As the offseason winds down and we begin the countdown to the regular season, it’s time to get familiar with those who will be donning the red, white and blue in Columbus. We’ll take a look at those guaranteed to make the roster as well as those with a shot to make the club out of camp.
Today, we take a look at the Jackets’ big free agency signing during the 2013 offseason that is looking to rebound this year: Nathan Horton
In the summer of 2013, the Jackets made a big splash by signing Horton to a seven-year, $37.1 million deal. He came in with the idea that he would become one of the key figures to the Jackets offense, but his debut season in Columbus left a lot to be desired.
Some of that isn’t his fault. When he was signed to his deal, the Jackets knew that he would need shoulder surgery that would keep him out for the first two months of the season. That turned out to be a little worse than originally thought, with Horton unable to debut until January 2 and then getting shut down in April to undergo abdominal surgery. When all was said and done, he played just 35 games in his first year in Columbus.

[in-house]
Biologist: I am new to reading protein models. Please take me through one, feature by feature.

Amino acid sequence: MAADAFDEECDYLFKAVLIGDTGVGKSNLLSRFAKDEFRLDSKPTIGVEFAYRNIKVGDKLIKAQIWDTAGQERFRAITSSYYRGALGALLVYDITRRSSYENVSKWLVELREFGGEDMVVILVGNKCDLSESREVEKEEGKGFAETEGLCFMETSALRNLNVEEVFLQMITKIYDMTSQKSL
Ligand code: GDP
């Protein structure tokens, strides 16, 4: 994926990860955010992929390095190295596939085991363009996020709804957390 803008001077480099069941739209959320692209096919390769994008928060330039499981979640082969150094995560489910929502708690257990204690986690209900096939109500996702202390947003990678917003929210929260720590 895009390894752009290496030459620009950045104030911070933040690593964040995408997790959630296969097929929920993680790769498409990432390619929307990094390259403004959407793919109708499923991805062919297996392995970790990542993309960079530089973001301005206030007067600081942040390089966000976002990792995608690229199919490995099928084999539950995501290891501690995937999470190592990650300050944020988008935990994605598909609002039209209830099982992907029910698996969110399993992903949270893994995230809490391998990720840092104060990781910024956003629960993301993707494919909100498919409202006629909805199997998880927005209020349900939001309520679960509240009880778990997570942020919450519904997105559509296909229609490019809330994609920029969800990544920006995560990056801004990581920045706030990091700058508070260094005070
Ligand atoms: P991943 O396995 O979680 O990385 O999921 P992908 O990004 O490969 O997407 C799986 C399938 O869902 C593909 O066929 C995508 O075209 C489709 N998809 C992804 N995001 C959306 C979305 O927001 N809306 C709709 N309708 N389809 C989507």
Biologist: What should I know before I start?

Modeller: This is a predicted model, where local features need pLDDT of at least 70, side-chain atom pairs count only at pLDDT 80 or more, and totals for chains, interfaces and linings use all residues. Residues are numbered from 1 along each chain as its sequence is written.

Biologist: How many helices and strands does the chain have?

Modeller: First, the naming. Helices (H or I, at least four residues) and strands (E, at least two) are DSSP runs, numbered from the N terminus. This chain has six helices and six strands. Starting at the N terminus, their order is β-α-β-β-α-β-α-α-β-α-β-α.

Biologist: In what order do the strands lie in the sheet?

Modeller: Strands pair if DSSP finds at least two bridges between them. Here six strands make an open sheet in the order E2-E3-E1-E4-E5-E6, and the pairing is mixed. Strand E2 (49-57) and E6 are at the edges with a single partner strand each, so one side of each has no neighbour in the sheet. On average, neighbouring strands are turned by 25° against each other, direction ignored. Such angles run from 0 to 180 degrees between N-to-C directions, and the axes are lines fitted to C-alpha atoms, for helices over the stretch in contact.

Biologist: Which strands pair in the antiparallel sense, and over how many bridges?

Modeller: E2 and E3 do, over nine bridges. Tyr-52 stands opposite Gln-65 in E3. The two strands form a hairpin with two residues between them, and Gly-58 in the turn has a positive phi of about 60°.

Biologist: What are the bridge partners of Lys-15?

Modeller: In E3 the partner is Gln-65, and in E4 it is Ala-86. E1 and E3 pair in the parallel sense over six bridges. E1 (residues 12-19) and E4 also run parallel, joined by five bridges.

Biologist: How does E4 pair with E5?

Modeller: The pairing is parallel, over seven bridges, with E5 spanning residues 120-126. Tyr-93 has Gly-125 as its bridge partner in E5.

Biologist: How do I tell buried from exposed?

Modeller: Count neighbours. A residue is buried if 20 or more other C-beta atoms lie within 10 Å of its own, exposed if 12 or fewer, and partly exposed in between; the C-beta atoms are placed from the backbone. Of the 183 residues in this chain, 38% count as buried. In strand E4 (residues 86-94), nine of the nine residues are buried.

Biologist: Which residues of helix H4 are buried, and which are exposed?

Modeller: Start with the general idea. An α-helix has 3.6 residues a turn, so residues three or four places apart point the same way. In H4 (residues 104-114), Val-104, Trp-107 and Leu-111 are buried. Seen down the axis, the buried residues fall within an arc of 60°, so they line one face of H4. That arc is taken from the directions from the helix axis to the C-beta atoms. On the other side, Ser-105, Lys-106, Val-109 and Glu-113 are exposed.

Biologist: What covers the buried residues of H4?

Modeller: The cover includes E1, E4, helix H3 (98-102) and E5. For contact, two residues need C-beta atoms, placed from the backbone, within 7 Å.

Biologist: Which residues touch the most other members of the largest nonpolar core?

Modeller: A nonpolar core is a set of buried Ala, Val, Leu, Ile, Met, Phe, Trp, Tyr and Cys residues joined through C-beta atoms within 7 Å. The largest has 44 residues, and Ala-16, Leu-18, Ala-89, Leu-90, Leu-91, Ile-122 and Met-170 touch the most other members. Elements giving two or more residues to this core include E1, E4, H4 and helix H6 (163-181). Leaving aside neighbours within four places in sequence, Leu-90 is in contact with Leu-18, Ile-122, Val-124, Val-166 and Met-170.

With a full summer behind him to train and get back into it, Horton is looking to play a major part for the Jackets. The team is on the rise and they’ll need all the help they can to push them from bubble playoff team to legit contender. Horton will have to be a catalyst.
Though Horton comes with a significant injury history – he’s had more than his share of issues throughout his career – but he also brings quite a bit to the table. At 6’2”, 230 he’s more than a handful. He can win battles along the wall, muck it up in front of the net and chip in a fair amount offensively (he’s averaged 55 points per 82 games in his career). He’ll never be the kind of offensive contributor his cap hit suggests, but he can be an effective top-line player that can help center Ryan Johansen (his likely linemate) continue to grow into one of the best young goal-scoring threats in the game.
With Johansen and the newly-acquired Scott Hartnell on his line, this should be one of the roughest, toughest lines in the entire league. What makes them so formidable is the fact that they can hurt you on the score sheet just as much as they can hurt you along the boards.
Horton will need to stay healthy to have the biggest impact he possibly can, but if he can chip in 25 goals and 50-ish points while providing a fierce physical game that frees up space for Johansen and Hartnell, he’ll be worth the cap hit that makes him the Jackets’ highest-paid forward.
It’s time to live up to the impact of his signing and help carry the Jackets to a higher level.
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